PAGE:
The University of Northern Iowa is contesting a recently released American Association of University Professors report on affronts to shared governance and tenure policies last academic year in the midst of a budget crisis. The AAUP criticized university administrators for eliminating 20 percent of academic programs and the K-12 laboratory school without full engagement of the faculty -- who are primary curricular decision-makers, according to association recommendations -- and for making some professors involved in those programs feel forced to accept separation packages or risk being laid off.
In a statement, President Benjamin J. Allen said the institution disagrees with the findings of the report, and that “university leadership is obligated to not only consider the best interests of the faculty, but also the taxpayers, staff, alumni, and most importantly our students. The program changes were made up with all those stakeholders in mind.” Allen called the AAUP report mere “opinion," without punitive teeth at this point, and said it mischaracterizes university policies and agreements.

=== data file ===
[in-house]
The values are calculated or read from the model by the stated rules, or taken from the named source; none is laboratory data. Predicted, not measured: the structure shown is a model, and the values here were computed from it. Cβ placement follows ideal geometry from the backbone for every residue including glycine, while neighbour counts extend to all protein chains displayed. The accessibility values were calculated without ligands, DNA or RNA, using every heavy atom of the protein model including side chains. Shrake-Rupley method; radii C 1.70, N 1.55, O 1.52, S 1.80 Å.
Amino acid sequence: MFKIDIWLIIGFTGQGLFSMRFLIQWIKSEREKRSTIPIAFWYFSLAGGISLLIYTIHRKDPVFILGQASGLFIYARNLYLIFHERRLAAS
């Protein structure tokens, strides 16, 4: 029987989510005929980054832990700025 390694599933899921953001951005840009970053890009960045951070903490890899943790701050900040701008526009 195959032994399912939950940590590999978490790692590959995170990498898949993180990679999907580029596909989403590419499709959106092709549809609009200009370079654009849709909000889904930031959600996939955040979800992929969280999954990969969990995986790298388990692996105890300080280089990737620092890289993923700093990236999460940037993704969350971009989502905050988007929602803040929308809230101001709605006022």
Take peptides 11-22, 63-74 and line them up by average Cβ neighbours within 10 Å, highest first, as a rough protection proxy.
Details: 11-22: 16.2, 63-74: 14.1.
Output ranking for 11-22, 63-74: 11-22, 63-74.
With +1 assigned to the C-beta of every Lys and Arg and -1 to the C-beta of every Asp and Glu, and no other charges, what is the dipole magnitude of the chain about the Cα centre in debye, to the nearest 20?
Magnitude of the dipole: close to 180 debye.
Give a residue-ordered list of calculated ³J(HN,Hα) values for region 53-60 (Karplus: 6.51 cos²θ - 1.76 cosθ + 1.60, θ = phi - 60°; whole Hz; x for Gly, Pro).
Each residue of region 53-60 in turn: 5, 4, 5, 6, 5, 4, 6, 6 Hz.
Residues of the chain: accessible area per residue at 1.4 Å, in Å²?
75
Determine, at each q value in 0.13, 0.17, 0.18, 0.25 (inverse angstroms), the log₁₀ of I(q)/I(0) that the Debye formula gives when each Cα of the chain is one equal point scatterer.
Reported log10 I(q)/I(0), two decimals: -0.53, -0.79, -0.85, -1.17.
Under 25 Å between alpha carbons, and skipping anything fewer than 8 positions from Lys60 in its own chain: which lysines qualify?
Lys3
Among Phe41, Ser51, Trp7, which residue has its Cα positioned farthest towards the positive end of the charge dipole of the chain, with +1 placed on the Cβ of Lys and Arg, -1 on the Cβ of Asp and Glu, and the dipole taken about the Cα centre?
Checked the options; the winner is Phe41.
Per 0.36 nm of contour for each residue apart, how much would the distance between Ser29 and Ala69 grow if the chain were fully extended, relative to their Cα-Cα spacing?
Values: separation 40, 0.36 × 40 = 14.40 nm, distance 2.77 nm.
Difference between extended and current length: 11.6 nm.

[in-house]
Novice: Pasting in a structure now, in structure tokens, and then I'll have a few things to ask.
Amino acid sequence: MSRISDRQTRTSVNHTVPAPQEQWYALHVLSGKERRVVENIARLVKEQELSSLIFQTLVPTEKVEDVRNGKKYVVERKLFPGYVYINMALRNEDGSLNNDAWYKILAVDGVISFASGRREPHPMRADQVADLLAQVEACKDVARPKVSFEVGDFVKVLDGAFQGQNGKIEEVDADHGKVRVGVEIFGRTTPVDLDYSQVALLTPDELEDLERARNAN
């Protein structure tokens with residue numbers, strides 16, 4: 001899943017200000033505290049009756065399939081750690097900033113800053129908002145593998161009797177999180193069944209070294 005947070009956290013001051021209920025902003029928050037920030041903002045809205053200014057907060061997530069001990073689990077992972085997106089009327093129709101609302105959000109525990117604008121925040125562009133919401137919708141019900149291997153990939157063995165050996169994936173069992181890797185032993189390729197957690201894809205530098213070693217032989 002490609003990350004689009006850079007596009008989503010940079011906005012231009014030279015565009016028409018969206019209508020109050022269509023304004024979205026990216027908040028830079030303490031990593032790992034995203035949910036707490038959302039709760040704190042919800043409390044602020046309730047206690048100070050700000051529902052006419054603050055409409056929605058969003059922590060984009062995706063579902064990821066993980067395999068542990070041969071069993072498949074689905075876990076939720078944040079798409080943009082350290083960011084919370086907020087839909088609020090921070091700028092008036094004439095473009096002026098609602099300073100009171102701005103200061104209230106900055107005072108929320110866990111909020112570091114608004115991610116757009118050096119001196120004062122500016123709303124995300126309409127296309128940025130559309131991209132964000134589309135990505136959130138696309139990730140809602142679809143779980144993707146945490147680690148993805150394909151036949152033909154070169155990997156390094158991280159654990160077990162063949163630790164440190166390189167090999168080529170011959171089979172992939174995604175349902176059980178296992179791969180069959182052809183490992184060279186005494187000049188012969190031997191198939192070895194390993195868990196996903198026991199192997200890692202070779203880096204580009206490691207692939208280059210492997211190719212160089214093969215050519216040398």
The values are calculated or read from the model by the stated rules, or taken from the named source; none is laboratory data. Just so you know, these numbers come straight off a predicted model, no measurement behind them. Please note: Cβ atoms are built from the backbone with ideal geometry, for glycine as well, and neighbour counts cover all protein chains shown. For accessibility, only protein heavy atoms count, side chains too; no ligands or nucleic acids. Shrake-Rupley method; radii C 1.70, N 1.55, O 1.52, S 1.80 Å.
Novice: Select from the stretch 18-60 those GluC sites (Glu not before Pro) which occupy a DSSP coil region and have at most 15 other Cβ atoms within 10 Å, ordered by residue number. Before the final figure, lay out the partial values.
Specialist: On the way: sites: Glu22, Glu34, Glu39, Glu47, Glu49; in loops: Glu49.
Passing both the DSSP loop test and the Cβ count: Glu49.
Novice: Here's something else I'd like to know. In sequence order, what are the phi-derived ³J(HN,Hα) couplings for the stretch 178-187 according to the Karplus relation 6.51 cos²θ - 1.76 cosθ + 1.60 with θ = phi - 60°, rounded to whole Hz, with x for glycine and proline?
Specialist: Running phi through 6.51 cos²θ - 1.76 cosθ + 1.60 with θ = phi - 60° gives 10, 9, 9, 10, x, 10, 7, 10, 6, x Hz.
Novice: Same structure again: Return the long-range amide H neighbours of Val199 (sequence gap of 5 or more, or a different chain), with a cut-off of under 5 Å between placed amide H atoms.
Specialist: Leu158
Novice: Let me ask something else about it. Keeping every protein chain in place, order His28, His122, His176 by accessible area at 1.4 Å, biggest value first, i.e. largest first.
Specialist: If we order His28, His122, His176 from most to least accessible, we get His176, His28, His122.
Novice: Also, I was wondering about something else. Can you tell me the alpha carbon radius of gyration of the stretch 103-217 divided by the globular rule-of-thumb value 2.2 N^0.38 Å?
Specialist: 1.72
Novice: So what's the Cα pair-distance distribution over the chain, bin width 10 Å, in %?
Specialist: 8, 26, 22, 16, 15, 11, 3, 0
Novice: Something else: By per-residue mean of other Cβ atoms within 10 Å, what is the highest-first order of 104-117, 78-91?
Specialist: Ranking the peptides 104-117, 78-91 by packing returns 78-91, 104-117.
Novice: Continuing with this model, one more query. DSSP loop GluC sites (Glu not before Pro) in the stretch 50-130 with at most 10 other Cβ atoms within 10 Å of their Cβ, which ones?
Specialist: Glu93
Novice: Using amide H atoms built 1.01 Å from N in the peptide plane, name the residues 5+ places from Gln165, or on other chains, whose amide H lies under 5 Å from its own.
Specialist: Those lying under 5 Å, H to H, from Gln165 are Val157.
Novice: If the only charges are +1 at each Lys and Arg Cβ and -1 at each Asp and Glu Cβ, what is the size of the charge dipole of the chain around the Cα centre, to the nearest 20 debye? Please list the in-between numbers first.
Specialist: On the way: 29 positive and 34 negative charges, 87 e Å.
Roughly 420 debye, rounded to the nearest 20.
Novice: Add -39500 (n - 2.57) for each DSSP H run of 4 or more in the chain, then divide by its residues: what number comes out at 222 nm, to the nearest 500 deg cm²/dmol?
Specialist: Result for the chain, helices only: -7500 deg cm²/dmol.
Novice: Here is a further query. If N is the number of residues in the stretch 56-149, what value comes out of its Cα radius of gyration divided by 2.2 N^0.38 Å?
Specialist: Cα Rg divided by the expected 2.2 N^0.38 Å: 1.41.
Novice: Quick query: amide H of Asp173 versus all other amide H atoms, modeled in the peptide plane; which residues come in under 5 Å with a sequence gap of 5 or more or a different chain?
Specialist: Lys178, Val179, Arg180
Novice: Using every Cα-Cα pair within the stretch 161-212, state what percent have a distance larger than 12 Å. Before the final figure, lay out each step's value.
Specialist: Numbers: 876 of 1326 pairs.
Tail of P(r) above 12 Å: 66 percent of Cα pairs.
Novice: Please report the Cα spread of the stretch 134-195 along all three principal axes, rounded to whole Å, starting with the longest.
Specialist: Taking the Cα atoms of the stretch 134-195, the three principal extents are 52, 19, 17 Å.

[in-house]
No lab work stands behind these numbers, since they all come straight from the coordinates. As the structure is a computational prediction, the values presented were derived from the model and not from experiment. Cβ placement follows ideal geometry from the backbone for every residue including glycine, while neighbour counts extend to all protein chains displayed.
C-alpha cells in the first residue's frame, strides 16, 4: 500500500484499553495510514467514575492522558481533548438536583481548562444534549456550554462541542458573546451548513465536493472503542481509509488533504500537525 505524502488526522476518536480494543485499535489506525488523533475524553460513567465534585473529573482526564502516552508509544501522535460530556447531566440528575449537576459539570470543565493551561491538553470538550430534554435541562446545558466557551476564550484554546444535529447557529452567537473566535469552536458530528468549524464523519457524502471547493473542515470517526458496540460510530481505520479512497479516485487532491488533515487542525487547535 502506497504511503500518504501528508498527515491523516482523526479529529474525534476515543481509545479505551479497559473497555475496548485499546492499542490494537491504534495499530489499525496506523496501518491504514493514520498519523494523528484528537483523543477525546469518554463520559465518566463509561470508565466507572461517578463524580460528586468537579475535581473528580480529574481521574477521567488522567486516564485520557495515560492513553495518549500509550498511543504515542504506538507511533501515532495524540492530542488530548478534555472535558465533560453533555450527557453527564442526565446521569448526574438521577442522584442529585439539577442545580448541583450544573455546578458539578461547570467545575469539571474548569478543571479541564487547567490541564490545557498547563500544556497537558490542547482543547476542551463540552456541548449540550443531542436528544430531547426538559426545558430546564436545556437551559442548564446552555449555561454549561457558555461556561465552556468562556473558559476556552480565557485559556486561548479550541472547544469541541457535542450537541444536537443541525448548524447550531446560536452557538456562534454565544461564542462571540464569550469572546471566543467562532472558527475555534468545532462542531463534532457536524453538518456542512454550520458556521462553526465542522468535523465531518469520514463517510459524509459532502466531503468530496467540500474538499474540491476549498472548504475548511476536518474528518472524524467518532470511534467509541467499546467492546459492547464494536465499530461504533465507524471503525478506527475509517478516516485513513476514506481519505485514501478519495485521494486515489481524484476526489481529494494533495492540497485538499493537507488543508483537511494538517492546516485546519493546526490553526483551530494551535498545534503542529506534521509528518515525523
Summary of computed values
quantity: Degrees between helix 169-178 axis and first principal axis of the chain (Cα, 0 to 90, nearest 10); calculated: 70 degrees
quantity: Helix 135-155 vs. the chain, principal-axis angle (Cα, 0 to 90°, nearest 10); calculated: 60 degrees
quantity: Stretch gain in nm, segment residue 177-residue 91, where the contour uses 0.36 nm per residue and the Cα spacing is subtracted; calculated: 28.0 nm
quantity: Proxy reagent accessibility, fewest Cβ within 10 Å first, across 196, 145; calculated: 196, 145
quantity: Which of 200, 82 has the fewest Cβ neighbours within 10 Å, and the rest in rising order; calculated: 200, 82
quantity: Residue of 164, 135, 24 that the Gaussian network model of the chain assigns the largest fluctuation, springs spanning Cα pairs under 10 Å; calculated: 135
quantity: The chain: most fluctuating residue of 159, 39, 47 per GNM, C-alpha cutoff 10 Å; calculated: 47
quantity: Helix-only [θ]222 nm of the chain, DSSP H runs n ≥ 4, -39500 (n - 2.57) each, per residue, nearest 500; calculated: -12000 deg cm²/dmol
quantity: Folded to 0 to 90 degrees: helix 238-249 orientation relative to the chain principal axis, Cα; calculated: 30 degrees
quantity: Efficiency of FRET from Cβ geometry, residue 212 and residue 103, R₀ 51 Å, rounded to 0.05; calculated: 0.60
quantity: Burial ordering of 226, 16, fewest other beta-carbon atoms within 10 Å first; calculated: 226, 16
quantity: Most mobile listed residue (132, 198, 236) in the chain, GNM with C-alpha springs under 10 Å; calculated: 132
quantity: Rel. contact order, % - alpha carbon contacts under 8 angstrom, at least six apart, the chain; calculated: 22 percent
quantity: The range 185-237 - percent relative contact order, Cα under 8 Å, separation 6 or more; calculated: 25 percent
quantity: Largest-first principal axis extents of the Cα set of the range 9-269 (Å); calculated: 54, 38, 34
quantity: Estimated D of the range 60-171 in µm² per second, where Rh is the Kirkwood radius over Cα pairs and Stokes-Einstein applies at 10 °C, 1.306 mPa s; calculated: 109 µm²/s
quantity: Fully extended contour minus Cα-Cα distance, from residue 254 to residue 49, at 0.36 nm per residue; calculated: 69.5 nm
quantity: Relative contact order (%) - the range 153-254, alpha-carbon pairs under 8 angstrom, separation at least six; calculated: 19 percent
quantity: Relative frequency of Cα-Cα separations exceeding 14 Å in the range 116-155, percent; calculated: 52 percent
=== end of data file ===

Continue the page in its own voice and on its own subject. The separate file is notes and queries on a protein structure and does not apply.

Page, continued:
Dan Power, president of the UNI-United Faculty union, called the events of the past year “unprecedented,” and said that collegial, shared governance is in the interest of everyone in the university community going forward. “My hope is that we will resolve the outstanding issues identified in the AAUP Committee A investigation," he said in an email. "We need to work [together] to continue to meet the needs of our students and the people of Iowa.”
The AAUP report followed a May 2012 investigation prompted by faculty complaints, said Michael Bérubé, investigation chair and professor of English at Pennsylvania State University, as well as president of the Modern Language Association. "In the future, we would hope and expect that the UNI administration will involve [the union] and the Faculty Senate at every level of decision making with regard to program closures and/or reductions, because UNI's own handbook gives the faculty primary responsibility over the curriculum," he said in an e-mail.